Document Type

Conference Paper


This item is available under a Creative Commons License for non-commercial use only


Social sciences

Publication Details

14th Annual Tourism and Hospitality Research in Ireland Conference

(THRIC) 2018 Waterford Institute of Technology 17th to the 19th of June 2018


The rapid development of technologies introduces smartness to all organisations and communities (Buhalis, & Amaranggana, 2014. P. 553), for which sacred heritages are no exception, as evident in their increasing use of technological mediated applications towards enhancing the visitors experience and data generation. This development in the use of technological applications, has in part been triggered by the identified changing needs and expectations of contemporary sacred site visitors, as well as their importance and role in changing the nature of the consumers expectations and the nature of the visitor’s experience.

Thus, applying these smart tourism concept in addressing the changing needs and expectations of their diverse market segment, inevitably presents operational challenges for these missionaries, who might not be conversant with the operational complexities of new technologies. Consequently, the lack of necessary capabilities in dealing with this presents a set of new challenges for the custodians of these ecclesiastical resources.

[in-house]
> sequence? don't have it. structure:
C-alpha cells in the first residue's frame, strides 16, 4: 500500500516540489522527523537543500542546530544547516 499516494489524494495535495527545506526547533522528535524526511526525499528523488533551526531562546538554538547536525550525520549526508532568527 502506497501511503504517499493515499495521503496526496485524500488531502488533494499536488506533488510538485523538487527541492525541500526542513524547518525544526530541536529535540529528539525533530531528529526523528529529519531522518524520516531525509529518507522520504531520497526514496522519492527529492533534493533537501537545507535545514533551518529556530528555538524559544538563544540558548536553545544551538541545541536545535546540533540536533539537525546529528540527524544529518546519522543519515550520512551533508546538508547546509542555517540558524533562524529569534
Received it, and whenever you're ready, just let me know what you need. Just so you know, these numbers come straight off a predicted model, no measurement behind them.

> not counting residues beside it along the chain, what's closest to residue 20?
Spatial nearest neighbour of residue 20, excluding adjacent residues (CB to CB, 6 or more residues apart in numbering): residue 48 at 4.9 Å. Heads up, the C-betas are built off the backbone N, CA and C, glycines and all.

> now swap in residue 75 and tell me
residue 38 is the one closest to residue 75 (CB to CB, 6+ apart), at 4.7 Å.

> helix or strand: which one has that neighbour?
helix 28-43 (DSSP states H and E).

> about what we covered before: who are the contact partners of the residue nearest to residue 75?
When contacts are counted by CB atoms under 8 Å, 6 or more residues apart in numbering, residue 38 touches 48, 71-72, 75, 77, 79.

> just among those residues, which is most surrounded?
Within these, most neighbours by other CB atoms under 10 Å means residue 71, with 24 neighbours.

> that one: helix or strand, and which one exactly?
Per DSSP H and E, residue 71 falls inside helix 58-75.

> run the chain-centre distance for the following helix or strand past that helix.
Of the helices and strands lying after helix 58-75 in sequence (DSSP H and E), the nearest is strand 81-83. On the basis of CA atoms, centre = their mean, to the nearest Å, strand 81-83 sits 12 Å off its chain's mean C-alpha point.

Therefore, although within the religious and pilgrimage tourism scholarship, extant literature acknowledges the use of technological mediated applications as an emerging sacred site visitor experience marketing and management tool (Enongene & Griffin, 2016; Prats, Aulet, & Vidal, 2015). Yet, there is no scholarly exploration or empirical analysis into its usefulness, as well as the challenges in utilising these technological applications towards enriching the visitors experience at sacred sites, and in the religious and pilgrimage tourism scholarship from both the consumer and managerial perspectives respectively. This therefore, represents a significant gap in literature the study seeks to fill, through an exploration of the phenomenon specifically from a managerial point of view. Crucial given the huge investments going into the use of different forms of technology as visitor management tools at these holy places.